That said, in today’s world, badlands can make for some of the most captivating landscapes to hike and camp in, so long as you’re well-prepared for desert conditions. Many areas of badlands are also magical for stargazing.

Rock formations in Theodore Roosevelt National Park

Badlands can make for some of the most captivating landscapes to hike and camp in (Image credit: Paul Souders)

Where can I visit badlands? 

You might think that badlands only exist in South Dakota, and certainly those are the most famous ones, but in fact, badlands exist on every continent except for Antarctica. These are some of the top badlands to visit on your hiking travels:

  • Badlands National Park, South Dakota
  • Theodore Roosevelt National Park, North Dakota
  • Makoshika State Park, Montana
  • Henry Mountains, Utah
  • Capitol Reef National Park, Utah
  • Goblin State Park, Utah
  • Dinosaur National Monument, Colorado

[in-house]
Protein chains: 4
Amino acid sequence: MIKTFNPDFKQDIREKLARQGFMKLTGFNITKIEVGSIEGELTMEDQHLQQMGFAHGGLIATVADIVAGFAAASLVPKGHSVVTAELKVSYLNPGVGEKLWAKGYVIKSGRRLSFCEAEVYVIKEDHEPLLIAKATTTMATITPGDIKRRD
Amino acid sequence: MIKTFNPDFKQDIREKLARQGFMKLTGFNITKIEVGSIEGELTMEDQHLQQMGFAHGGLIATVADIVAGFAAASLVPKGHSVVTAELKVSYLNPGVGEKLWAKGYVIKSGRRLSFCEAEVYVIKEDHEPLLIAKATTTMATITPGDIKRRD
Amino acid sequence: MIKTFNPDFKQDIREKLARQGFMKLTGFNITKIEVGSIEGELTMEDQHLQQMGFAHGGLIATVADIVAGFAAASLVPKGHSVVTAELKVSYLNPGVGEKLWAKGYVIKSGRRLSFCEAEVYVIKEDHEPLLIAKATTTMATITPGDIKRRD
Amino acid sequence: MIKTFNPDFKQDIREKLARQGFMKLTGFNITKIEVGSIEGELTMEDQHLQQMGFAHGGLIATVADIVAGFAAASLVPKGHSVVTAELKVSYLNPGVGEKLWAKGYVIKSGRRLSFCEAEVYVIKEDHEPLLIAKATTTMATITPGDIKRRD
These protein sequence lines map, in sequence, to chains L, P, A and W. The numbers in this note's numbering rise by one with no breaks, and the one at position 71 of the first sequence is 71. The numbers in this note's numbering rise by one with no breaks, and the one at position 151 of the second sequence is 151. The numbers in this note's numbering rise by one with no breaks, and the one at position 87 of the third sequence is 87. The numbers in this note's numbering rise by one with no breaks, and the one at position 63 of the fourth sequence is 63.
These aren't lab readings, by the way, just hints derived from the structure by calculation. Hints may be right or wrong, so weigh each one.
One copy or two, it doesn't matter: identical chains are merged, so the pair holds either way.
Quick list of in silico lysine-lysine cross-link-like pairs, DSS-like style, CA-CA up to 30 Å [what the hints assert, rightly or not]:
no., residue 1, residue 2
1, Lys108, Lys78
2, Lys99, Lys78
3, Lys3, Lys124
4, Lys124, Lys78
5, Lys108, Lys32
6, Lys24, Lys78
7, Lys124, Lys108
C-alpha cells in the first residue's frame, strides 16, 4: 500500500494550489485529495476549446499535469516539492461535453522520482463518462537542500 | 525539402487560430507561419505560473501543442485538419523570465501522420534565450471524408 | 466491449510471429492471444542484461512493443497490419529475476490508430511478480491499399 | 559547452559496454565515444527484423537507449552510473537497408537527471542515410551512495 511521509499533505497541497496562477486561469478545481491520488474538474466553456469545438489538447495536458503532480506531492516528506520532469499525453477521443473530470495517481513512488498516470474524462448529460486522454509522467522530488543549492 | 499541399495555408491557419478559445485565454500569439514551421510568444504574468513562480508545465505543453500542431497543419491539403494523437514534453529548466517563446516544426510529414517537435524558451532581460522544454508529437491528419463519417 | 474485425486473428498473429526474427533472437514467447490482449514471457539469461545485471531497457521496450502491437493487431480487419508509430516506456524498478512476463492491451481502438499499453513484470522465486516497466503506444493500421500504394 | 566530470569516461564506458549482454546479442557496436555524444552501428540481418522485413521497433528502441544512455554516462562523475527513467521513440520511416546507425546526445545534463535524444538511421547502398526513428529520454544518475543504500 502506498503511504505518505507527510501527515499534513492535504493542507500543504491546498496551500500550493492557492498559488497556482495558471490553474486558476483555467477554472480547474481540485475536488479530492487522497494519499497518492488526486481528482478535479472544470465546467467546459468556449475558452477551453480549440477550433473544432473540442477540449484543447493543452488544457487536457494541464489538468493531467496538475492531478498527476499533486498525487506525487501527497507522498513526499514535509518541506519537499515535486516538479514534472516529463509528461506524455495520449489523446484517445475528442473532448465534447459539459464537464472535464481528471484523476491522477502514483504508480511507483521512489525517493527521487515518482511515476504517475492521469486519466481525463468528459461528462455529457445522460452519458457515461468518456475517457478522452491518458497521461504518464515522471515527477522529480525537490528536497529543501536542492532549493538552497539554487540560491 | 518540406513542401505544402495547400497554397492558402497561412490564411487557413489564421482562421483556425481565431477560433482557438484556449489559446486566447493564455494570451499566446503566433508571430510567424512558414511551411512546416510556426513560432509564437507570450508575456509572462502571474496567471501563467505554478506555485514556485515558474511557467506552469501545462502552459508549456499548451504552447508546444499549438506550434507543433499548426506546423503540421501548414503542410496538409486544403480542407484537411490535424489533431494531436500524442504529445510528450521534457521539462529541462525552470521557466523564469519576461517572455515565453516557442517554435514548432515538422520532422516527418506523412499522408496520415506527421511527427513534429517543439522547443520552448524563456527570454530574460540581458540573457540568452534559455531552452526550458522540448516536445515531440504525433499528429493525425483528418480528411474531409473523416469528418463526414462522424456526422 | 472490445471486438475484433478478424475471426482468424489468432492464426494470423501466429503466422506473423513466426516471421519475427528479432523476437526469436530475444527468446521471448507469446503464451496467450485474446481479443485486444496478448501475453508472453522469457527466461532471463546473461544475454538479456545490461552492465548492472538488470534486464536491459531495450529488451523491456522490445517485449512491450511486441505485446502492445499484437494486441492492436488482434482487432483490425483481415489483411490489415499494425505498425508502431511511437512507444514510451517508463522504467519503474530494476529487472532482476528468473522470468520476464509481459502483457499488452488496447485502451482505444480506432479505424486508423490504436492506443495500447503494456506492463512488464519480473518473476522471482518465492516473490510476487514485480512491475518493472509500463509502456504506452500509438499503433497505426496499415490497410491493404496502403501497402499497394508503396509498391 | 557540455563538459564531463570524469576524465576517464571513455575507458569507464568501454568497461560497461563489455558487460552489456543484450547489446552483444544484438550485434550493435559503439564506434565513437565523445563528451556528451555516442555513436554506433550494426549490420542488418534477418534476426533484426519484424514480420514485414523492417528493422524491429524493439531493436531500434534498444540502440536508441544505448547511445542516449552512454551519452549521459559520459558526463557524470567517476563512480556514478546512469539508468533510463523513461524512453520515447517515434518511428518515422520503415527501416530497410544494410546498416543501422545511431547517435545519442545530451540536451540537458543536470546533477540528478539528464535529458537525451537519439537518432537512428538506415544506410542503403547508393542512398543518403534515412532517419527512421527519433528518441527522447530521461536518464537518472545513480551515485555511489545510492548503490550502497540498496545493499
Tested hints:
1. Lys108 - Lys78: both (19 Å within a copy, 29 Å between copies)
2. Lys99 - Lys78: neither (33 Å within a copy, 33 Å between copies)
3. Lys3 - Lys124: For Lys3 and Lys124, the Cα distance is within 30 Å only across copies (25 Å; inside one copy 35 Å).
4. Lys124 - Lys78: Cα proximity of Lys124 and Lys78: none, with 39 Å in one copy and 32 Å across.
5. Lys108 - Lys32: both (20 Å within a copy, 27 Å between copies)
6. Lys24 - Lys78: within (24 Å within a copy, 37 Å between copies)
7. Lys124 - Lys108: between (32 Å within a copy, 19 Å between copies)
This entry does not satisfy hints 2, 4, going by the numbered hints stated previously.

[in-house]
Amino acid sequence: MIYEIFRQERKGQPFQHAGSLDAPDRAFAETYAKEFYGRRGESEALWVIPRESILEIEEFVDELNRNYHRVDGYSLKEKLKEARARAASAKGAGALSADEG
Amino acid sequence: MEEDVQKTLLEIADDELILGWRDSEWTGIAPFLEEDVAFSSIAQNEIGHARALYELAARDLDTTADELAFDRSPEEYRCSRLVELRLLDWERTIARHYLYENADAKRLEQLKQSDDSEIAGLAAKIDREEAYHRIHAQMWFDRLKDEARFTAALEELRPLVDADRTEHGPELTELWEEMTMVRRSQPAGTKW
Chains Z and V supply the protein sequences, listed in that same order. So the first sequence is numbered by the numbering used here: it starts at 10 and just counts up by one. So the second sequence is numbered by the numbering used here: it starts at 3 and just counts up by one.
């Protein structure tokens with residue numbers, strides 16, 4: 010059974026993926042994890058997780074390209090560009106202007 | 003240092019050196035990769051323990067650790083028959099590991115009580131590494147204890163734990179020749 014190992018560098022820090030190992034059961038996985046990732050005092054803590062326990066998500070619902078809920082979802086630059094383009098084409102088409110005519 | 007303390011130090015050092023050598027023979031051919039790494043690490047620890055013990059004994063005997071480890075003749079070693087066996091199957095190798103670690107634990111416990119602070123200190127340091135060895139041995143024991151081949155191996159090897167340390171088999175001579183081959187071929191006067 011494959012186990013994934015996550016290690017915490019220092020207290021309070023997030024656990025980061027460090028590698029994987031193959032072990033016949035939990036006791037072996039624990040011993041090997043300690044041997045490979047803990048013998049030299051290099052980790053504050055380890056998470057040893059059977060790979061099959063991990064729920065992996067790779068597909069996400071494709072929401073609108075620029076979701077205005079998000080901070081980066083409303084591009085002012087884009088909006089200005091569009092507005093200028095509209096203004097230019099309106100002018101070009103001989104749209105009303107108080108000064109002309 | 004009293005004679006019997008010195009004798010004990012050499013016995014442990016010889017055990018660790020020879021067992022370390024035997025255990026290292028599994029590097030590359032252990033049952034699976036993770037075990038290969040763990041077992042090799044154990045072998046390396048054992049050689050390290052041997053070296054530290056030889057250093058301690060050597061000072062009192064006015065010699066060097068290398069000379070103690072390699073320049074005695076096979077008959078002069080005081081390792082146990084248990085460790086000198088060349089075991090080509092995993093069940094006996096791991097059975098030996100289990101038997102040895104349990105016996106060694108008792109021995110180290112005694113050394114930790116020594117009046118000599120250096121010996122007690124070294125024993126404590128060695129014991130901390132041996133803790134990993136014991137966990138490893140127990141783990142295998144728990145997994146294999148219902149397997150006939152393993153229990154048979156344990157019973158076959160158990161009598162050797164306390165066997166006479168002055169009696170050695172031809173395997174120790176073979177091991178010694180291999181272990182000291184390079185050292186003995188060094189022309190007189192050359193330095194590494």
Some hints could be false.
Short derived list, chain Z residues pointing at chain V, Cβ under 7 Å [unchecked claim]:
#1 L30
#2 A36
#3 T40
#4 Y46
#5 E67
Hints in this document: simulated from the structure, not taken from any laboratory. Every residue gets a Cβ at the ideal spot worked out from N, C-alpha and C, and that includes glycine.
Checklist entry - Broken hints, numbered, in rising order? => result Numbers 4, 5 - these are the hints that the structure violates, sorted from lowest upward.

• Toadstool Geologic Park, Nebraska
  • Big Muddy Badlands, Saskatchewan
  • Cheltenham Badlands, Ontario
  • Red Deer River, Alberta
  • Valle de la Luna, Argentina
  • Garhbeta, India
  • Aliano, Italy
  • Göreme National Park, Turkey
  • Putangirua Pinnacles, New Zealand

What you’ll need for hiking in badlands depends a bit on where you’re going and the season, but you’ll always want proper footwear, while dressing in breathable hiking layers and wearing hiking pants is recommended to protect your legs against low scrub. Wear a hiking hat to protect your face and head from the sun. Most importantly, carry a lot of water, either in your water bottle or a hydration pack, because there may be no water sources available.

Julia Clarke

Julia Clarke is a staff writer for Advnture.com and the author of the book Restorative Yoga for Beginners. She loves to explore mountains on foot, bike, skis and belay and then recover on the the yoga mat. Julia graduated with a degree in journalism in 2004 and spent eight years working as a radio presenter in Kansas City, Vermont, Boston and New York City before discovering the joys of the Rocky Mountains. She then detoured west to Colorado and enjoyed 11 years teaching yoga in Vail before returning to her hometown of Glasgow, Scotland in 2020 to focus on family and writing.